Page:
edit add: to protect win7 or win8.1 systems use "Never10" ( https://www.grc.com/never10.htm ) from grc.com

Last edited:

symbolipoint

Homework Helper
Gold Member
I would be happy to understand and know how to use the EUFI & BIOS menu and to be able to get the Boot Device Manager, without needing to first enter Windows and do all those crazy button combination clicks and restarts.

Borg

Gold Member
My work computer got hit by the Windows 10 virus yesterday. First impression - It really sucks. So many unnecessarily changed applications and settings. Now I have a desktop version of a tablet.

phinds

Gold Member
My work computer got hit by the Windows 10 virus yesterday. First impression - It really sucks. So many unnecessarily changed applications and settings
Oh, wait for it ... it gets worse once you start to realize how badly you've really been screwed.

Borg

Gold Member
Oh, wait for it ... it gets worse once you start to realize how badly you've really been screwed.
It's nice to have something to look forward to.

jim hardy

Gold Member
2018 Award
Wow it's been over two years already?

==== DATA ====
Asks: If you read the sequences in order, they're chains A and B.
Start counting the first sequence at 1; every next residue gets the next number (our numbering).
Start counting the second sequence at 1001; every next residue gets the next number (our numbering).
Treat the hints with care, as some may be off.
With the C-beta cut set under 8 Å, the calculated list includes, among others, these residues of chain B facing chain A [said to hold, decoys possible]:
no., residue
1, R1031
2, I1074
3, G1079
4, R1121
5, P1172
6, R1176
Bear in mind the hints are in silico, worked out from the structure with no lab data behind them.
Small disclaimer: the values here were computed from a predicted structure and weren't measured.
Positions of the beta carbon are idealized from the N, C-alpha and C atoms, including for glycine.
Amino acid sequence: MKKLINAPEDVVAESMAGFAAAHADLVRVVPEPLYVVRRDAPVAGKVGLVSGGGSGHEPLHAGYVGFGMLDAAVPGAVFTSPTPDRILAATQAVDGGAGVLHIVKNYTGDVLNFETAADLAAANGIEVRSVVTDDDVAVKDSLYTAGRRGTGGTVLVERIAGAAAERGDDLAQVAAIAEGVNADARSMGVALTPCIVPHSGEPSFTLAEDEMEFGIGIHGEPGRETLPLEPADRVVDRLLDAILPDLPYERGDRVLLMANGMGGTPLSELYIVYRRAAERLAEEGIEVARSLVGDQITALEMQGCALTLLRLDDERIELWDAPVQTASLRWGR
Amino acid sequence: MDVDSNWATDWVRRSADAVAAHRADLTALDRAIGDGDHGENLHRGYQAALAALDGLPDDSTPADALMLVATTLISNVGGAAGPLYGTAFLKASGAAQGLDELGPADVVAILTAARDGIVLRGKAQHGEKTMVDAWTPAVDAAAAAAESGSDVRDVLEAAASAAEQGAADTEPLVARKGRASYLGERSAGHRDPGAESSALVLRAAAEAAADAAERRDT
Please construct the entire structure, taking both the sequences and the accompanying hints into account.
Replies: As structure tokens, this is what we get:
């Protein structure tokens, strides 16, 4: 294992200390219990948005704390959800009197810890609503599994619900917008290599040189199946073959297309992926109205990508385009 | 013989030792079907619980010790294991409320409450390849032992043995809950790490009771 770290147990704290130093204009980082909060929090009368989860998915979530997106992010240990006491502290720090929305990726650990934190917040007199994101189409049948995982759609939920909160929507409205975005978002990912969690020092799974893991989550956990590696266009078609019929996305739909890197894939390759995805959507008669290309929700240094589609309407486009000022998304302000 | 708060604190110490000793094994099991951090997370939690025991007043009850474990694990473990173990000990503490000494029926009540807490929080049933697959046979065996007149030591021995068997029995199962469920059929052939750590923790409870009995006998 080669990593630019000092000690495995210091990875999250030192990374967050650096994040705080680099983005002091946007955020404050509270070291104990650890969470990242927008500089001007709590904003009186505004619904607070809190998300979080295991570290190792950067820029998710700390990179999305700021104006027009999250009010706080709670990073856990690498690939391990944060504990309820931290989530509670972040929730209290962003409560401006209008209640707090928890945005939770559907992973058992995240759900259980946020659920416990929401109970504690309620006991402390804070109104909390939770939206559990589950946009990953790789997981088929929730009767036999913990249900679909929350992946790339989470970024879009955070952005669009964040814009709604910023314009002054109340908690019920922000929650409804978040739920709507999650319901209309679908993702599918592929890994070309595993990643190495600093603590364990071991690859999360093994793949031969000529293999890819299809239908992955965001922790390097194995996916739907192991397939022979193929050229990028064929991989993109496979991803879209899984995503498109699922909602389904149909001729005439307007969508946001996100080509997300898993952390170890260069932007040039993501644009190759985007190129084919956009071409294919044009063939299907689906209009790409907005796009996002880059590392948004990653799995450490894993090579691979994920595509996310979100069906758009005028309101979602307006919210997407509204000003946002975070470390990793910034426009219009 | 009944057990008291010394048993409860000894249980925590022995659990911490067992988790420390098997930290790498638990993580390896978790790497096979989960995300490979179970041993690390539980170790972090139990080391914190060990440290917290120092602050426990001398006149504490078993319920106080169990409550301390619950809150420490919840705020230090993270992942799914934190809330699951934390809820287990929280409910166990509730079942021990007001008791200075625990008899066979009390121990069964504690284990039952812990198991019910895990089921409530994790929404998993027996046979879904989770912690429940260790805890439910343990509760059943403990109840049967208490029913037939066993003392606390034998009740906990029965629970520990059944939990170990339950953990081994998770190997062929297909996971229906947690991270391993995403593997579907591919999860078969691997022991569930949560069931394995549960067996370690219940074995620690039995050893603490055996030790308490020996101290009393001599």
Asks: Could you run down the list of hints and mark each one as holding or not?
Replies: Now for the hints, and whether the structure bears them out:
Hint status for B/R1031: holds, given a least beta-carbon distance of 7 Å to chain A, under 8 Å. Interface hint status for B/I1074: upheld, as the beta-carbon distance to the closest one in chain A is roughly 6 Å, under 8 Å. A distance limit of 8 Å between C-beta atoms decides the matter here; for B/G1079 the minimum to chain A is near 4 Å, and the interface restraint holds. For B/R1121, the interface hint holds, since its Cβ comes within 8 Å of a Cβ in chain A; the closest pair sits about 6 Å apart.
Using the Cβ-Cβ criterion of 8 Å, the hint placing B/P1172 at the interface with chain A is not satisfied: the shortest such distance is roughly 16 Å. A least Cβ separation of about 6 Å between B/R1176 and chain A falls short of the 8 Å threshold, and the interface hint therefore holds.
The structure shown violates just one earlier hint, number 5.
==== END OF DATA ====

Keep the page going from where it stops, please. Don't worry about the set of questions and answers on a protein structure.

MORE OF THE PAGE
Win10 is misnamed , it should be called "Peeping Tom" .

i bought a new hard drive
took it and my Win7 disk to local shop, instructed them
"Fix this drive so it's Win7 and Win10 can NEVER even peer in let alone get a toehold , then put it into this laptop."

About six months ago a Win7 update undid my Synaptics Touchpad Driver but i was able to reinstall it. So now i disallow updates.

been pretty happy with it., otherwise .

Planobilly

I changed over to win 10 around that time.
I works ok but it is the most irritating operating system I have ever used.

Cheers,

Billy

symbolipoint

Homework Helper
Gold Member
Actually I like Windows Vista and Windows XP. For a common simple-thinking user, Windows 10 is fine if you do not want to know how to do anything complicated; when I do, I usually look for advice or information through sources on the internet first.

jack action

Gold Member
I recently upgraded my computer and I took the opportunity to switch to Linux Lite OS. It is supposed to be aimed at Windows users switching to Linux. No complaints until now, except for the lack of drivers for my scanner and the occasional freeze. But I'm not sure if the freezing is due to the OS, mismatched parts on my new build (did not try other OS) or a mix of both. For now, the imperfections of Linux are better than the imperfections of Windows 10.

But I recently learn that my free income tax program I've been using for years can only run on Windows (doesn't work with Wine either). So I'll have to plug in the old PC for tax purposes. That will be the first time I'll have to do that.

symbolipoint

Homework Helper
Gold Member
Ref. to jack action #143;